EUROPE: Proposed legislation too weak to protect us from dangerous AI systems

Responding to a new European Union proposal for regulating the use of artificial intelligence technologies, Rasha Abdul Rahim, Director of Amnesty Tech, said:   

“The EU’s proposal falls far short of what is needed to mitigate the vast abuse potential of technologies like facial recognition systems. Under the proposed ban, police will still be able to use non-live facial recognition software with CCTV cameras to track our every move, scraping images from social media accounts without people’s consent. 

“While the proposal bans real-time facial recognition from being used by law enforcement in public spaces except under narrow circumstances, significant gaps remain in banning private uses of live facial recognition and many other forms of remote biometric surveillance. 

“It also still allows real-time facial recognition to be used on people who are suspected of irregularly entering or living in a member state - this will undoubtedly be weaponized against migrants and refugees. The draft also has provisions allowing predictive policing and the use of AI systems in border control.

Under the proposed ban, police will still be able to use non-live facial recognition software with CCTV cameras to track our every move, scraping images from social media accounts without people’s consent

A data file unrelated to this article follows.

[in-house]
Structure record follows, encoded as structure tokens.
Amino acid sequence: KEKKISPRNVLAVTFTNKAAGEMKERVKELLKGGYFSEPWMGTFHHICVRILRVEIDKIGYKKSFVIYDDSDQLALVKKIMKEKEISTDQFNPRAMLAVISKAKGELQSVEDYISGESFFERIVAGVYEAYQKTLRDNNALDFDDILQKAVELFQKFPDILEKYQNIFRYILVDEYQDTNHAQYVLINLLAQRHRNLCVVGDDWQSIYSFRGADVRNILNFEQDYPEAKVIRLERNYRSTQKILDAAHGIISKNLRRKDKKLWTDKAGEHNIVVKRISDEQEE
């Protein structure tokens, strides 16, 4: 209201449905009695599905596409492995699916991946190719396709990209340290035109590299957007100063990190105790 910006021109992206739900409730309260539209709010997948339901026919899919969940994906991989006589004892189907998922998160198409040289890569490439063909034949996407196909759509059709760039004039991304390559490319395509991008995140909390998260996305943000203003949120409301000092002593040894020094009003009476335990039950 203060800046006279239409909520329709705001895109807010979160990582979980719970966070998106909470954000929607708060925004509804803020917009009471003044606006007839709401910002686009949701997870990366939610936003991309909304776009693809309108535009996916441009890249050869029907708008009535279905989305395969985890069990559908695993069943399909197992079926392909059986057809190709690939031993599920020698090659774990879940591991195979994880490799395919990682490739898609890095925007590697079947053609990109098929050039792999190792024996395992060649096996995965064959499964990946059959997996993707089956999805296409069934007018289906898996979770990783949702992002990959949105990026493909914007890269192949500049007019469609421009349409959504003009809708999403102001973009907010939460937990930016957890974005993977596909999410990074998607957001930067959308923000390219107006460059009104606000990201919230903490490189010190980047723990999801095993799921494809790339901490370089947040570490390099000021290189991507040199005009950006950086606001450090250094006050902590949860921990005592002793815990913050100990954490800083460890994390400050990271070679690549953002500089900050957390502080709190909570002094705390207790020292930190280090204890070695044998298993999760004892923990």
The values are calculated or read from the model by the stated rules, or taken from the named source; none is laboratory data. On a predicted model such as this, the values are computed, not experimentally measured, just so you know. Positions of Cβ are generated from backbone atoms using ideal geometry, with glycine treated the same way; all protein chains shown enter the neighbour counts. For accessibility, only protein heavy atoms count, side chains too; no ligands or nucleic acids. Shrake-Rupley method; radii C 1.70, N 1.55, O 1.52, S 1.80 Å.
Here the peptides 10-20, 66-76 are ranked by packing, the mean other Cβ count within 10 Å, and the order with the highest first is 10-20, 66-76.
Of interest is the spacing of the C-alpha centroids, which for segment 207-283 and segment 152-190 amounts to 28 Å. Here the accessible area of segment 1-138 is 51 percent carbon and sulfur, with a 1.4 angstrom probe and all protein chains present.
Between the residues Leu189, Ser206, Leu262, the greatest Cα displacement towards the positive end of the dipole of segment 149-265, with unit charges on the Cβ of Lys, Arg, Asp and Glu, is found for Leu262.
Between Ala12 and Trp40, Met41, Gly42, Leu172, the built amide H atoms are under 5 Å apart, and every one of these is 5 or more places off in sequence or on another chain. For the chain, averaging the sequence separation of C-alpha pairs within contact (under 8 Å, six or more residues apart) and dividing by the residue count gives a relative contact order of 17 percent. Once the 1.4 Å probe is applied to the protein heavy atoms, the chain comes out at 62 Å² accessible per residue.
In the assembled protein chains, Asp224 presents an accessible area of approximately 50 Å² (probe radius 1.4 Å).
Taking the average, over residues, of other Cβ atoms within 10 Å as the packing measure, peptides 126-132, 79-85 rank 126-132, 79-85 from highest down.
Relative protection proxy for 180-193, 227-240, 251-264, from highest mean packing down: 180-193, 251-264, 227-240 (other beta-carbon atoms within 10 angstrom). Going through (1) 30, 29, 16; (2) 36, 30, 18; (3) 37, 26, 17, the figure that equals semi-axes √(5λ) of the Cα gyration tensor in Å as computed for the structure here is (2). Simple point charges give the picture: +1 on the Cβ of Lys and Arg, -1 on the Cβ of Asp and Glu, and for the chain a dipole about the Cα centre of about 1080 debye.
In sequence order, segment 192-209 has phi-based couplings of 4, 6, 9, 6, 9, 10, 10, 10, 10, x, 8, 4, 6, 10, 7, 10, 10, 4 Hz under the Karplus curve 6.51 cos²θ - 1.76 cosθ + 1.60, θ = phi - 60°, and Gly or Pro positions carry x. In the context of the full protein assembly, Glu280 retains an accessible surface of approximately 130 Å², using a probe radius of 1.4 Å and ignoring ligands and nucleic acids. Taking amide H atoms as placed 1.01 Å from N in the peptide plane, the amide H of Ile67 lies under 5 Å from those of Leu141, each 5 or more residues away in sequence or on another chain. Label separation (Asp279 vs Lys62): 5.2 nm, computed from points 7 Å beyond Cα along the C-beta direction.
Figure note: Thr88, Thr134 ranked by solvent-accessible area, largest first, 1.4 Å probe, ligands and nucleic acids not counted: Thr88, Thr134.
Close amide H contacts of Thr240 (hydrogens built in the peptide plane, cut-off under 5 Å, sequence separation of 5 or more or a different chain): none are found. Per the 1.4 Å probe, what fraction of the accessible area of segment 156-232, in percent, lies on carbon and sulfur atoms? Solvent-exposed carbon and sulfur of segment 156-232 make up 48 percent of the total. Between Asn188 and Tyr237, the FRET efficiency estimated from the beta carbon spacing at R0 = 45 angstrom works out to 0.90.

Rasha Abdul Rahim

“Overall, the proposed legislation does not go far enough in addressing the risks of AI entrenching and exacerbating racism and discrimination. Not only has research shown that facial recognition software is overwhelmingly less accurate with Black and Brown faces, but systemic racism in law enforcement means this technology can disproportionally be used against these communities and can lead to wrongful arrests. What’s more, the safeguards and transparency obligations outlined in the proposal will fail to meaningfully protect the public.  

“The proposed ban on social scoring software, a dystopian technology which ‘ranks’ individuals according to reductive metrics, which can include gender, race, age and disability, is a welcome step. These AI systems are an affront to human dignity and can be used to target and exclude already marginalized groups.  

“We call on the EU to close the many loopholes in this regulation which leave the door open to rampant abuse and discriminatory practices, including banning the use of all facial recognition systems used for mass surveillance. 

Amnesty’s Ban the Scan campaign calls for a ban on the development, sale, deployment and export of facial recognition technologies for identification by state and private actors.”

Background  

On Wednesday 21 April, the European Commission proposed legislation prohibiting certain uses of artificial intelligence systems, including the law enforcement’s use of ‘real-time’ remote biometric identification systems, such as facial recognition technologies, in public spaces.

However, such use would be permitted when “strictly necessary” for specific purposes and uses of biometric identification systems in other settings are not prohibited but only categorised as ‘high-risk’.